Prison Virtual Theme Issue

A virtual theme issue on prisons at the Society and Space open site (papers from Environment and Planning D open access until November).

Prison Virtual Theme Issue.

From Society and Space: “In complement to the US Carceral Society Forum, this virtual theme issue gathers a commentary, five articles, and two reviews essays from Society and Space on prisons. The articles speak to the manifold ways in which lives are lived in spaces of extreme control and surveillance. The relationships sculpted in and through prison spaces, and relations enduring the forced separation of incarceration, are central in all of them.

Carceral Geography at the AAG 2014: Call for Papers on Historical Geographies of Prisons and Jails

Call for Papers, 2014 Annual Meeting of the Association of American Geographers, Tampa, FL, April 8-12, 2014logo_aag


Karen M. Morin, Bucknell University
Dominique Moran, Birmingham University

What have historical geographers contributed to discussions of incarceration – what prison spaces, knowledges, and practices have caught our attention, and why? Following on last year’s AAG Historical Geography plenary, “Carceral Space and the Usable Past,” this session aims to bring together the work of historical geographers, as well as those who use historical-geographical logics and perspectives, to examine conceptions of crime, regimes of punishment, and their corresponding spaces of “corrections” and confinement. Broadly, the session aims to incorporate a historical-spatial focus into the study of correctional institutions (prisons and jails) and their larger social contexts. Relevant treatments of prison/jail space would include: 1) historical study of the nature of spaces of incarceration, individuals’ experiences in them, and their regulatory regimes and systems of punishment; 2) historical study of the spatial or distributional/ locational geographies of carceral systems, particularly with respect to their impact on community economic development and local geographies; and 3) study of the historical relationship between the carceral and an increasingly punitive state. Historical geographers can inform, and be informed by, these three areas of carceral geography that we like to term, after Tosh, “critical applied historical geography” that can be put in action for progressive social transformation.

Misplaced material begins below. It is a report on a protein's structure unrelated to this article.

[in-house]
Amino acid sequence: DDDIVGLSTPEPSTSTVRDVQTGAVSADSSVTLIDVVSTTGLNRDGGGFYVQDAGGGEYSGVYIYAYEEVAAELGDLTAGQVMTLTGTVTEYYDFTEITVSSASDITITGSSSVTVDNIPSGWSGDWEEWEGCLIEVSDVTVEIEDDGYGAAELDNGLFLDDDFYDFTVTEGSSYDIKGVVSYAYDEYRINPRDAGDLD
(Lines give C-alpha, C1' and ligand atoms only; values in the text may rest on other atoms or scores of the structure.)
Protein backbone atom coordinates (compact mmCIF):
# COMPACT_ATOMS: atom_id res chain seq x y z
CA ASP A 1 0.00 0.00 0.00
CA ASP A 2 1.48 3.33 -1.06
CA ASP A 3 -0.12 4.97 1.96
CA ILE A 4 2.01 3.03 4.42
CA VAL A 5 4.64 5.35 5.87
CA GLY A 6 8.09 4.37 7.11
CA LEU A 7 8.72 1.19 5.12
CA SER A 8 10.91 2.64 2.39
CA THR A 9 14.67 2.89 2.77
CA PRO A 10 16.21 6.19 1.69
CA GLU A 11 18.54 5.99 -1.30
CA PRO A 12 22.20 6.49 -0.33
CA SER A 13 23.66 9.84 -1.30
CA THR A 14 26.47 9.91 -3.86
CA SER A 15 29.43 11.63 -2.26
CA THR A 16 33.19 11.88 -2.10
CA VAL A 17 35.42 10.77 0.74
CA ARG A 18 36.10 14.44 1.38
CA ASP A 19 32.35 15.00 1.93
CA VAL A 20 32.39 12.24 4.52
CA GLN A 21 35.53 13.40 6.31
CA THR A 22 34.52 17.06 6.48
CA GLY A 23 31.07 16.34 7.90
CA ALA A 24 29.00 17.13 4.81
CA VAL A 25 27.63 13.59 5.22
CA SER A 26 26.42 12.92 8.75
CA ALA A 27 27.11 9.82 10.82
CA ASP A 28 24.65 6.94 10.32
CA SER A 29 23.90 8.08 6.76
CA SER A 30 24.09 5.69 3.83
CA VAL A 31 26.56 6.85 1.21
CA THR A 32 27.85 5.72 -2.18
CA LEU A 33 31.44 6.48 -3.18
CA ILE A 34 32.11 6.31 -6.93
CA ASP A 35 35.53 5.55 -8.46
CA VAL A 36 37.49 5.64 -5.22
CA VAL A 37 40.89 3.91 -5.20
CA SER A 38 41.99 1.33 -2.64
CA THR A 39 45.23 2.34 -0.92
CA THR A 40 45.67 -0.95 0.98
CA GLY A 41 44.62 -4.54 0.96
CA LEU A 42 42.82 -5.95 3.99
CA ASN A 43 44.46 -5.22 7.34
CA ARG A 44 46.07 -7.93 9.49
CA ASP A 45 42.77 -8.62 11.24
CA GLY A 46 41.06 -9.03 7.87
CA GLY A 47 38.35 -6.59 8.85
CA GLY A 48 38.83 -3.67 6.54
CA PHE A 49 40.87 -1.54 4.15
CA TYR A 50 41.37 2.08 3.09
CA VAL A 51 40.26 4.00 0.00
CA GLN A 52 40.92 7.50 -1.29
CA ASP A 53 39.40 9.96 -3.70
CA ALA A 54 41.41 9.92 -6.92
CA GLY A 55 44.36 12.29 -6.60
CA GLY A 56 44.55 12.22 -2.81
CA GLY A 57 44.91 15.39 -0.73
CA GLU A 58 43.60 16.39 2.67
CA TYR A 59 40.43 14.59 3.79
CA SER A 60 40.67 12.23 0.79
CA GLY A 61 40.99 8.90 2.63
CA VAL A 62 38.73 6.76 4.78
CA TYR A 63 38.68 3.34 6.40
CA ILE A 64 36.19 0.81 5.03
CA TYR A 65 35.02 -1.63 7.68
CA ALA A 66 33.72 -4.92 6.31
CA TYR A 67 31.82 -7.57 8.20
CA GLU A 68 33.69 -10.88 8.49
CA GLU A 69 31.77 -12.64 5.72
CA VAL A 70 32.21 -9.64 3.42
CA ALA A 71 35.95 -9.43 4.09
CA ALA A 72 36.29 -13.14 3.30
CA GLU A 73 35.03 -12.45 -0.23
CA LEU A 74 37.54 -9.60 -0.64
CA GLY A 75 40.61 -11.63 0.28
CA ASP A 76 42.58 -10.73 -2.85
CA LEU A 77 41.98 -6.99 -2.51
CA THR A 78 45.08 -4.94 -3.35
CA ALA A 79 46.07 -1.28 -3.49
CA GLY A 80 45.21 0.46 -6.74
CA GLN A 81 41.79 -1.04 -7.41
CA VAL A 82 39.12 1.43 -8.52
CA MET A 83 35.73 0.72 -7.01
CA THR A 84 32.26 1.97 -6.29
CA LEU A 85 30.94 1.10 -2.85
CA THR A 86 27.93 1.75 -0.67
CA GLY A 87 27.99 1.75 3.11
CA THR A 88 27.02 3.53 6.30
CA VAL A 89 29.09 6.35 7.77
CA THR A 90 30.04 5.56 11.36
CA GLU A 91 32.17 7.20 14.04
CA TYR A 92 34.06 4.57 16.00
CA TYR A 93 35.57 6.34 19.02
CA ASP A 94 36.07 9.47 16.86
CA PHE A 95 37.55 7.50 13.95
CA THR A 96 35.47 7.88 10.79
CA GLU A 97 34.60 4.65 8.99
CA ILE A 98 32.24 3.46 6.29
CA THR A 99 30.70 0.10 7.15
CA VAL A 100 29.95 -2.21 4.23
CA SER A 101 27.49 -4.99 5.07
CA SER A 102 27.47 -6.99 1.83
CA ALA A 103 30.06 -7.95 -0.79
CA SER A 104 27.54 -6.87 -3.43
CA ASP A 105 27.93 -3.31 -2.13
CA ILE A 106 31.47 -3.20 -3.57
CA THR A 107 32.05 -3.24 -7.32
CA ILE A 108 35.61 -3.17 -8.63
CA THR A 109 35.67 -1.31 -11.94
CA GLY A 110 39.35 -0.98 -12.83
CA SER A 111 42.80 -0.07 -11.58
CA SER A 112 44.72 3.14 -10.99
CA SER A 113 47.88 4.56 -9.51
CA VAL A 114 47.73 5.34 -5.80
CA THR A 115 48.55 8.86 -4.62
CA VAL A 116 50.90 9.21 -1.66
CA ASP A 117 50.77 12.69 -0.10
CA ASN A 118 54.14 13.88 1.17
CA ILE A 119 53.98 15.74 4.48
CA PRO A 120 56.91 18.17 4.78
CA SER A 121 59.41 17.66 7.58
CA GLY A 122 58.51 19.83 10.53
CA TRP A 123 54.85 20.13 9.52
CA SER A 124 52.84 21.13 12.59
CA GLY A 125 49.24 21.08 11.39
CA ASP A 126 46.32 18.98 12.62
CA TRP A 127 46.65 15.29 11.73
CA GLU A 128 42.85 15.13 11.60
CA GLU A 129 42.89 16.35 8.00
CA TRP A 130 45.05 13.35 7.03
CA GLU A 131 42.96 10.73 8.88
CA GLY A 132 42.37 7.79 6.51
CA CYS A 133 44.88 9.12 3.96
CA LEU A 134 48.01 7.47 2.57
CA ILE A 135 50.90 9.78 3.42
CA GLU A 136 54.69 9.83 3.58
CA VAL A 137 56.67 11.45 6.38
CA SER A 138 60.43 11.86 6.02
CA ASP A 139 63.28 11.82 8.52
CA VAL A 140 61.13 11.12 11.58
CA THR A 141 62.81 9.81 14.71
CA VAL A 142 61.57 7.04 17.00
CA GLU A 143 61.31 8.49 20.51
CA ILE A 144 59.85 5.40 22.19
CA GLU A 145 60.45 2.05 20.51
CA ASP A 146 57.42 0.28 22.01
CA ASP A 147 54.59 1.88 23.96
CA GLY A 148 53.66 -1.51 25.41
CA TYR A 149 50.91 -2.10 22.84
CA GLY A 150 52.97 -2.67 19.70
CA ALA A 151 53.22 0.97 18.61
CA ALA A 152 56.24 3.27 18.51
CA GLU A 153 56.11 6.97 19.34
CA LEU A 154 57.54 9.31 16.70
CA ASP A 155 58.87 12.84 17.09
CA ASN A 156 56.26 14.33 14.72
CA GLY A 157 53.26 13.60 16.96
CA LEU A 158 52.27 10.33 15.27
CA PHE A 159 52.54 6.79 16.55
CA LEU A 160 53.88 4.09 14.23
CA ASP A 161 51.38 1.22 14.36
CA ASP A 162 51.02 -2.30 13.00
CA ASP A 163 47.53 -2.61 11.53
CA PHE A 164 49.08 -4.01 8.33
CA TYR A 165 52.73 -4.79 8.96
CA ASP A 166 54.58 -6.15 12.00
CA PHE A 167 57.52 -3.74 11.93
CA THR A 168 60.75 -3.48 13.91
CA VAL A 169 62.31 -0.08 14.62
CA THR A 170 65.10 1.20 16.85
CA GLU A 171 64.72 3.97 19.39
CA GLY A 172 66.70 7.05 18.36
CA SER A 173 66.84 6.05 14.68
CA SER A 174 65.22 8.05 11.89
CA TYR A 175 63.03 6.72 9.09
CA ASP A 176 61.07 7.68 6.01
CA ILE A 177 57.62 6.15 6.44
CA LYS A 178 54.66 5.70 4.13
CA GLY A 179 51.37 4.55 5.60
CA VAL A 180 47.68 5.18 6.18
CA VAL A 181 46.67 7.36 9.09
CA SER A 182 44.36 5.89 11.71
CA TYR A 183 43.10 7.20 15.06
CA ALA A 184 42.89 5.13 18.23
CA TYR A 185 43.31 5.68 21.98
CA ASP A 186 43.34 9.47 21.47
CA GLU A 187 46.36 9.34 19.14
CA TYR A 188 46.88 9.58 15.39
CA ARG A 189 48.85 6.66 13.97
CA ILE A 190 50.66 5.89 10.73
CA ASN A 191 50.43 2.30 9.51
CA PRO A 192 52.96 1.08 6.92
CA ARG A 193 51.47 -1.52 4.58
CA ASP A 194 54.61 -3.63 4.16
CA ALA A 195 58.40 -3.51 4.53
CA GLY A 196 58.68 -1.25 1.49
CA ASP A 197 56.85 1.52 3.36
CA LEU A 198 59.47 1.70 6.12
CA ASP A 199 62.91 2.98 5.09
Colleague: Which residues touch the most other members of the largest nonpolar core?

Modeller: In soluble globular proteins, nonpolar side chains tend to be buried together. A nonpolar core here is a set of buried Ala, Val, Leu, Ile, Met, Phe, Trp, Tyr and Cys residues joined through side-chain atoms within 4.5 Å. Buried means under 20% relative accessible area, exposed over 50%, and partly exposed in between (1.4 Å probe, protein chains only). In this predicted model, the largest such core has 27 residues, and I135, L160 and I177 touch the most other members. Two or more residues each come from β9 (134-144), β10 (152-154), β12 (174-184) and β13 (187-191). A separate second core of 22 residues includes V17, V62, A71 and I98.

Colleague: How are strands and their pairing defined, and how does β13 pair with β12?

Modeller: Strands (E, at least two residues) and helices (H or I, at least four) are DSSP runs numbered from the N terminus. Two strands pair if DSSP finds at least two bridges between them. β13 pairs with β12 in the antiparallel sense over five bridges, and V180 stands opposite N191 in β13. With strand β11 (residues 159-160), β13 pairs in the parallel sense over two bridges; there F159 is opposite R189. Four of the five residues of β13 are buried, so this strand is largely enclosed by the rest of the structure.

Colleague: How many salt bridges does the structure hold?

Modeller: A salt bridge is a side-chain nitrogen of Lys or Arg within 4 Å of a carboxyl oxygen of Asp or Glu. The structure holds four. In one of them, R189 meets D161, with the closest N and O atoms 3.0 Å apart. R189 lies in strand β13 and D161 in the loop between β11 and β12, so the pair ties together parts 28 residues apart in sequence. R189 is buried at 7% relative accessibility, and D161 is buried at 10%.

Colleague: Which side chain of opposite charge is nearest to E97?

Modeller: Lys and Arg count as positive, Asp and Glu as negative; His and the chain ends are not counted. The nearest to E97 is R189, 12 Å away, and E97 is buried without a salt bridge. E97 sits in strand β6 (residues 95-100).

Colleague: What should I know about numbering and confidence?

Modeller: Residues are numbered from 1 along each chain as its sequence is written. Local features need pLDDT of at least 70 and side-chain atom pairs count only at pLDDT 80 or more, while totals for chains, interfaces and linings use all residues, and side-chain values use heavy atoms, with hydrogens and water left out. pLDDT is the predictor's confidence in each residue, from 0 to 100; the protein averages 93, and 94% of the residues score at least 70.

Suggested topics within this theme of Historical Geographies of Prisons and Jails include (but are not limited to) the following, and may cover a wide geographical arena:
•    the spatial fixity and spatial legacy of prison sites at various scales
•    prison towns and their social-spatial logics and priorities of development
•    individual correctional structures, their design, architectures, and lived experience
•    dark tourist sites: the jail or penitentiary as museum space and/or memorial
•    local, small scale heritage sites of corrections, for instance in settlement communities
•    relationships between correctional institutions and the development of urban space, particularly alongside racial and other social topographies
•    decommissioned and re-commissioned corrections sites
•    prisons as living memory
•    prisons, jails, and local cultural geographies
•    punishment regime shifts and their counterparts in use of interior prison spaces (that is, spatial tactics of punishment historically)
•    new prison design within a developmental context
•    media treatments of historical sites of corrections and punishment (film, television, art)

Submissions: Please submit 250-word abstracts to both Karen M. Morin ( and Dominique Moran ( by Monday 21st October 2013.